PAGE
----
Junior Cert cybersecurity course is rolling out to more Irish schools

24 Oct 2022

Image: © Drazen/Stock.adobe.com

The course was launched as a pilot programme last year with the aim of bringing cybersecurity education to secondary schools.

A pilot course to teach cybersecurity to Junior Certificate students is being extended to a larger group of schools.

The short course aims to help students understand key aspects of cybersecurity and see if a career in this field is suitable for them. It was launched last year in a select group of schools in Offaly, Galway, Kildare, Louth, Carlow and Cork.

The course takes a multidisciplinary approach, encompassing aspects of computer science, psychology, law, ethics, communications and crisis management.

It was a recommendation from Ireland’s National Cyber Security Strategy, with the aim of introducing a cybersecurity education in secondary schools.

The initiative was developed by educators and researchers from University College Dublin (UCD), with a steering group comprising members of the National Cyber Security Centre, the Computers in Education Society of Ireland, the National Council for Curriculum and Assessment, and Cyber Ireland.

The UCD team arranged webinars, developed units of learning to support teachers, created a website and organised a shared learning day event last May with teachers and pupils.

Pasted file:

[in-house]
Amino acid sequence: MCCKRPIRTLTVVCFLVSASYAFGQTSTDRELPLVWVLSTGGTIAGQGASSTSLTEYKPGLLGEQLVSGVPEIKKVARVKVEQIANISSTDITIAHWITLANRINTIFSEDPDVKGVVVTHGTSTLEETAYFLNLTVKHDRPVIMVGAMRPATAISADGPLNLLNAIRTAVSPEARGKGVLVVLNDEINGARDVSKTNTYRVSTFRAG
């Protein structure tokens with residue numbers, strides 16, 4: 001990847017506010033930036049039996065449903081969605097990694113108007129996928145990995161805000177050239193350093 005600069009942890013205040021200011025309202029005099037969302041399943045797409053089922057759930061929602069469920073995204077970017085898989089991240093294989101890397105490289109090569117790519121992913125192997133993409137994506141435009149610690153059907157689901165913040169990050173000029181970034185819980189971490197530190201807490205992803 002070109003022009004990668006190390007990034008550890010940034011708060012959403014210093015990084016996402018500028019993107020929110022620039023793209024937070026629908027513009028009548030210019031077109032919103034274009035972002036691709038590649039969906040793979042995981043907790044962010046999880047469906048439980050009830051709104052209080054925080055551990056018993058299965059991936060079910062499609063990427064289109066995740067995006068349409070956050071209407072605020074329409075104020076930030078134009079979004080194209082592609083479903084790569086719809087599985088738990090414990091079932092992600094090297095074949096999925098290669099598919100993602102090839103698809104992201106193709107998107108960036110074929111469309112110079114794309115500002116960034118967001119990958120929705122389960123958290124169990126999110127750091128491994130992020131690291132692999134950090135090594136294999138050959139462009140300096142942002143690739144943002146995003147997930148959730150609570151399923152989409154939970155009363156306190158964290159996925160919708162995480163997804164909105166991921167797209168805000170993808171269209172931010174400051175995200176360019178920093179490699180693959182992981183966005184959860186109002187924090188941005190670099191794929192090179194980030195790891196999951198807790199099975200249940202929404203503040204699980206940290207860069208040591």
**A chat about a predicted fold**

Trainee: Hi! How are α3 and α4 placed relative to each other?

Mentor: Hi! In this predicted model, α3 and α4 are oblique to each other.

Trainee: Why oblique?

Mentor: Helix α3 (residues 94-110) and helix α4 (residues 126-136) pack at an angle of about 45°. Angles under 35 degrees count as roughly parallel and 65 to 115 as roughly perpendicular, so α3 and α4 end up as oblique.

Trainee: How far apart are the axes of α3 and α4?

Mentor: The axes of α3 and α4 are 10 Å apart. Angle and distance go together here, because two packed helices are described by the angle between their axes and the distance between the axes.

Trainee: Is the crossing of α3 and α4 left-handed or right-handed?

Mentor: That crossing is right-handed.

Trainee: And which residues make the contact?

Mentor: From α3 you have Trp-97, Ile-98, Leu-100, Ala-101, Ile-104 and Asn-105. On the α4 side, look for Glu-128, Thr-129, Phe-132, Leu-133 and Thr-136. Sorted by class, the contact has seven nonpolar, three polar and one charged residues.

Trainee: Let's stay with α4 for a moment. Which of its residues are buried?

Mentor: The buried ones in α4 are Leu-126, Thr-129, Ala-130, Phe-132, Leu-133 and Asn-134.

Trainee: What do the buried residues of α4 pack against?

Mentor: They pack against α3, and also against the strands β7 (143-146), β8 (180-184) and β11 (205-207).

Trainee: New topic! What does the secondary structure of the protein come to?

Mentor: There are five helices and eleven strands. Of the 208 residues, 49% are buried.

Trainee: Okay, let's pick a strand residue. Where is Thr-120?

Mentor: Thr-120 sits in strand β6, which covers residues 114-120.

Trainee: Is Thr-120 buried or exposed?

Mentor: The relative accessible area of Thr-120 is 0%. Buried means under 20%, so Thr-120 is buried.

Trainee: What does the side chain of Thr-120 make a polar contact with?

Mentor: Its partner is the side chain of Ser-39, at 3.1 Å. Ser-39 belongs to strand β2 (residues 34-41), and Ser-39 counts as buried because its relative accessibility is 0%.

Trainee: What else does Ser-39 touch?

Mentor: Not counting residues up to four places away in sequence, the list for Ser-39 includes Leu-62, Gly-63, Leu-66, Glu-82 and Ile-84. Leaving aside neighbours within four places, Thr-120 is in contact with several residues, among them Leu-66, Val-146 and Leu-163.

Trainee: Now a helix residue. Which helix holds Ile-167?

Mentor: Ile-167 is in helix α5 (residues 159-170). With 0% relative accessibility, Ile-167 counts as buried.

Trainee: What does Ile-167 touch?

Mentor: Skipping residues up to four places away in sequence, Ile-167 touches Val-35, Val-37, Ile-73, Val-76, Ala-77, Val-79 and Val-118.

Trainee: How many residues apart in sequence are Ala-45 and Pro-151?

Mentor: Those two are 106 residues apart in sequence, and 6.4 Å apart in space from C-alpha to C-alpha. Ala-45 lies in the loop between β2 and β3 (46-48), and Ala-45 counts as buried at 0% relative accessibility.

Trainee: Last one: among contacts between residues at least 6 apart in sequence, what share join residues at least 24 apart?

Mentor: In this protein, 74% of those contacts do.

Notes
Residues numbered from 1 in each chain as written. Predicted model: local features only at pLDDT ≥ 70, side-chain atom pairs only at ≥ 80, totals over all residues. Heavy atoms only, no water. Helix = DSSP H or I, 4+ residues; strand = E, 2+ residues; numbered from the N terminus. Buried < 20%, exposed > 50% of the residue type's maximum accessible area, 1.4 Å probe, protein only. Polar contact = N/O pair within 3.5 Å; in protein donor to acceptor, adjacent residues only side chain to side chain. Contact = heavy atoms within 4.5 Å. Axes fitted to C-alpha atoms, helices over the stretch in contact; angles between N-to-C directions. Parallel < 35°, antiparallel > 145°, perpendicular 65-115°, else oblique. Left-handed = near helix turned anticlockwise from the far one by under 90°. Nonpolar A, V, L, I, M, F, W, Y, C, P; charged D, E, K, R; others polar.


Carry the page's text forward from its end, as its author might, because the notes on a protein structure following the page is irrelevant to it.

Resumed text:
The pilot programme is now being extended by a further two years to refine the course materials, obtain feedback from a larger pool of participating schools and explore how to sustain the initiative in the future.

The programme extension follows an interim report, which provided guidance on how to sustain the initiative. The report was received by Minister of State at the Department of the Environment, Climate and Communications Ossian Smyth TD.

Smyth met with working group chair Prof Joe Carthy and project implementation team head Dr Rachel Farrell of UCD to hear about the pilot implementation of the course.

“This short course is a fantastic opportunity for young people to learn about cybersecurity, particularly how to better protect their data, devices and ultimately themselves from malicious cyber activities,” Smyth said.

“The short course also facilities early pathways towards STEM-based career options, helping us to address the cybersecurity skills gap as we evolve towards a digital economy and society. I look forward to further updates on the implementation of this pilot.”

While a report last year estimated that Ireland needs 10,000 more cybersecurity professionals to meet rising demand, a recent follow-up suggested that the skills gap in this area has narrowed.

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Leigh Mc Gowran is a journalist with Silicon Republic